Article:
• Routing and Transformation. This enables control over the interaction between clients and services by routing client requests to different services depending on specified criteria, e.g. message content, security context or external rules. This rerouting may require the message content to be transformed to a new format.
  • Security. The ability to secure services by ensuring that clients are authenticated as to be whom they say they are and are authorized to access the service.
  • Administration. Operations staff should be able to monitor and manage the infrastructure, set and monitor SLA conditions, track messages flow between clients and services, generate alerts, and handle exception conditions.
  • Enterprise Caliber Runtime. The SOA solution will become the backbone of the enterprise and needs to provide enterprise caliber quality of service: reliability, availability, serviceability and performance.

Enabling Service Orchestration Processes and Composite Applications

Up to now, we’ve been discussing SOA in the context of integrating existing applications – the services are exposing the application functionality for other applications to execute. This is fine, as simplifying the EAI and B2B problems is a benefit of SOA. However, another benefit of SOA becomes apparent as the total set of these services grows – it’s now possible to create new application functionality very rapidly by leveraging these services.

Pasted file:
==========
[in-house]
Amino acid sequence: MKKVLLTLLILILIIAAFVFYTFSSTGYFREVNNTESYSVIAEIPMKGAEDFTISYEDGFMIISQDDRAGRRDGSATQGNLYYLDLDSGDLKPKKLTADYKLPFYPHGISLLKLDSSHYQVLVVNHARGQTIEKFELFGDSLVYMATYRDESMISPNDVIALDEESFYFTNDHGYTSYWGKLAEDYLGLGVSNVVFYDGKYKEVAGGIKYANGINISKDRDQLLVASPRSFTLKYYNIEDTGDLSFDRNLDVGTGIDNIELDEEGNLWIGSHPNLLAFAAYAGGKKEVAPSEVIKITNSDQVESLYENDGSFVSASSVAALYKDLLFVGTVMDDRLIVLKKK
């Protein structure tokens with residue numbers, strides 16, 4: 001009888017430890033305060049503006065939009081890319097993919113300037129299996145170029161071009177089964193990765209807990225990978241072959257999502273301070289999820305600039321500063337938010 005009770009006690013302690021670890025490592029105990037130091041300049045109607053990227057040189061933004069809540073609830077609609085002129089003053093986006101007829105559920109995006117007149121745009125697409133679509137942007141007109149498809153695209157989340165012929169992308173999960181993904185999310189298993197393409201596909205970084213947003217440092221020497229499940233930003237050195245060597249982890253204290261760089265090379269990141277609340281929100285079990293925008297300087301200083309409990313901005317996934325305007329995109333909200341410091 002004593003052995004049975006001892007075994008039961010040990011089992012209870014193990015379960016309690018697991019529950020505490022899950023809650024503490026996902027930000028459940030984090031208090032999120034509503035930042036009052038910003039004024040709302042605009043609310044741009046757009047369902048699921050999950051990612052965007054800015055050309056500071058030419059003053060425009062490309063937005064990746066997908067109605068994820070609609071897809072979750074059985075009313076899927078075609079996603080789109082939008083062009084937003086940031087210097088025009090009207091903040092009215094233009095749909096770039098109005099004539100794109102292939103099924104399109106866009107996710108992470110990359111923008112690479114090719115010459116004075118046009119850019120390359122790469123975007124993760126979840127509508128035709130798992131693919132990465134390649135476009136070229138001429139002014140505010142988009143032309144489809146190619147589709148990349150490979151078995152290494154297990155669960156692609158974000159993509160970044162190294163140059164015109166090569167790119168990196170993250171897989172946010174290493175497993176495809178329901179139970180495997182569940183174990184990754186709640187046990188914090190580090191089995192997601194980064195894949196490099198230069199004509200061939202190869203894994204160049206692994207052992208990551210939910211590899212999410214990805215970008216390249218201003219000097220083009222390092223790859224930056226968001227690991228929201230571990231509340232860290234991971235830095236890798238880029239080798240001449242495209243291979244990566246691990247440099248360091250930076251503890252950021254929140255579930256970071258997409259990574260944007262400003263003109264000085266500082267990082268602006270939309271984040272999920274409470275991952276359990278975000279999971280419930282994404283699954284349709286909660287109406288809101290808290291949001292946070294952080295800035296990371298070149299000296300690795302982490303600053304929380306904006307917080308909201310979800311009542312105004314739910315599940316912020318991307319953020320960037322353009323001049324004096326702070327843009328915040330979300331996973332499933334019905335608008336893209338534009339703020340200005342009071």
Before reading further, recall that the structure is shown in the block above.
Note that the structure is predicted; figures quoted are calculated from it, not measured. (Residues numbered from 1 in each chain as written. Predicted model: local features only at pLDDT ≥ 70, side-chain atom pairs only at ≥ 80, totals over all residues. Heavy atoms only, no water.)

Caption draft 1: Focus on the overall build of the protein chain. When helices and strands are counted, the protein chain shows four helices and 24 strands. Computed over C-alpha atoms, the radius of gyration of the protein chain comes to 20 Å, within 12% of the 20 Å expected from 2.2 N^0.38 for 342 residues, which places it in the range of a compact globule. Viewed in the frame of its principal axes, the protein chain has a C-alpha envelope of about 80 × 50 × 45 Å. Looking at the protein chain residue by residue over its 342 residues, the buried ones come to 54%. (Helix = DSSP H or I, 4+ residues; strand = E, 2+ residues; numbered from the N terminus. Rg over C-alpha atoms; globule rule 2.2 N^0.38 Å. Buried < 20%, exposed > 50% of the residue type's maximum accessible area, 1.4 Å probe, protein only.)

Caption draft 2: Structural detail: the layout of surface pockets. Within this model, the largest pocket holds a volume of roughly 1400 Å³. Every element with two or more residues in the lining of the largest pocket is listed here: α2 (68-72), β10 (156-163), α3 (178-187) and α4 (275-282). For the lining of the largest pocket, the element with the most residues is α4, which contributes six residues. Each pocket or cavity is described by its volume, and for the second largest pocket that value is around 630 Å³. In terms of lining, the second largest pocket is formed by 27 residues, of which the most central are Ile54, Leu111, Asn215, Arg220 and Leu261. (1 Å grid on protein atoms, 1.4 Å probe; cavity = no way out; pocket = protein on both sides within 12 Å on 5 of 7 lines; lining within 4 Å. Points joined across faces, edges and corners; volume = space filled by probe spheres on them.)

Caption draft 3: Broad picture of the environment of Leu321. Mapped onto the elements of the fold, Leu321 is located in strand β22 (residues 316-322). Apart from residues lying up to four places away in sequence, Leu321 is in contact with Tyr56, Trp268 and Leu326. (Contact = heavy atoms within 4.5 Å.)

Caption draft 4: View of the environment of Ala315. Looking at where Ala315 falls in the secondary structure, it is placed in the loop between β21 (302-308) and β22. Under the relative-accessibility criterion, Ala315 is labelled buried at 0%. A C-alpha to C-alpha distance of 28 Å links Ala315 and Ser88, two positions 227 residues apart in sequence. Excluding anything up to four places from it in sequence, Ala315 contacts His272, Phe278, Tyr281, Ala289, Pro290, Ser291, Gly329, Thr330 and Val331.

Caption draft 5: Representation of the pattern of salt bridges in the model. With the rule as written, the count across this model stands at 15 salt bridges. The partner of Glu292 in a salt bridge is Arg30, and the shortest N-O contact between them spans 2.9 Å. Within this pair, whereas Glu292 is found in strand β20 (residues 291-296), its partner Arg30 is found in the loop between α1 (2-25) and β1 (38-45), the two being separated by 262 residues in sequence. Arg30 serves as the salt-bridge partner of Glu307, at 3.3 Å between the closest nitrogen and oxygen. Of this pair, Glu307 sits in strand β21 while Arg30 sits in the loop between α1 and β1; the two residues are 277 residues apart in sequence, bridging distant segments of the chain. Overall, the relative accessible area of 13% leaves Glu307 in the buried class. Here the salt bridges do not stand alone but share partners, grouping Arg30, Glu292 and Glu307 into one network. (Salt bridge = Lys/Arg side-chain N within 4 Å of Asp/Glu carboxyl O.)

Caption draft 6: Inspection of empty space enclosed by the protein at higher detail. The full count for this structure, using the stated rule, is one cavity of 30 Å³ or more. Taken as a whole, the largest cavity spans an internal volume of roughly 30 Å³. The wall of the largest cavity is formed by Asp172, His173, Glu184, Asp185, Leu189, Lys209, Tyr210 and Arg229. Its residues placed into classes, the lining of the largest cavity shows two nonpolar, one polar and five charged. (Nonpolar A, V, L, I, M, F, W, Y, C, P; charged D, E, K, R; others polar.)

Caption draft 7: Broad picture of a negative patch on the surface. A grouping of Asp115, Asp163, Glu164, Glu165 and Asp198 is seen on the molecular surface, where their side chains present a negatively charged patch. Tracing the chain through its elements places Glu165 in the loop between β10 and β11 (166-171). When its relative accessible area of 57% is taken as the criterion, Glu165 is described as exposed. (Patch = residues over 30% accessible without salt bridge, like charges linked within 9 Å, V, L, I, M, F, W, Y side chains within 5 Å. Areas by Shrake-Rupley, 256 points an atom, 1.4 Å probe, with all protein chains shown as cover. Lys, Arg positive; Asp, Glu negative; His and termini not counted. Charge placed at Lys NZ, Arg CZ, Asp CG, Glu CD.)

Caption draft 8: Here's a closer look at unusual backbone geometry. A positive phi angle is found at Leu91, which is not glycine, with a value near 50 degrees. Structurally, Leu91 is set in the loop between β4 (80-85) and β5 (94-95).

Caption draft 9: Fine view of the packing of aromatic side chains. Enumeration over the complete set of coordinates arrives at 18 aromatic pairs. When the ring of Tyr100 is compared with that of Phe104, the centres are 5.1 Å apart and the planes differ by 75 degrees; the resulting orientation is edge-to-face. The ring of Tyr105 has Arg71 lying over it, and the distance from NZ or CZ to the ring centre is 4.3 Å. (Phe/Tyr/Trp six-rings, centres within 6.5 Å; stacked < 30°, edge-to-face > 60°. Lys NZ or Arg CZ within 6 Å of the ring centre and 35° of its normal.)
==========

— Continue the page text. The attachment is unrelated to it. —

Using business process management (BPM) technology, new business processes that orchestrate existing services can be created very rapidly, thus enabling the enterprise to quickly react to changing environments. The next step is to create composite applications that consist of new application logic code leveraging these services. This approach enables new business functionality to be deployed more rapidly than traditional approaches. It’s important that the SOA infrastructure supports these capabilities to ensure that the full benefits of SOA can be leveraged.

This has been a quick overview of the technology involved with SOA. In future columns I will drill into specific areas in more detail. Next month, however, I’ll discuss the business benefits from using SOA.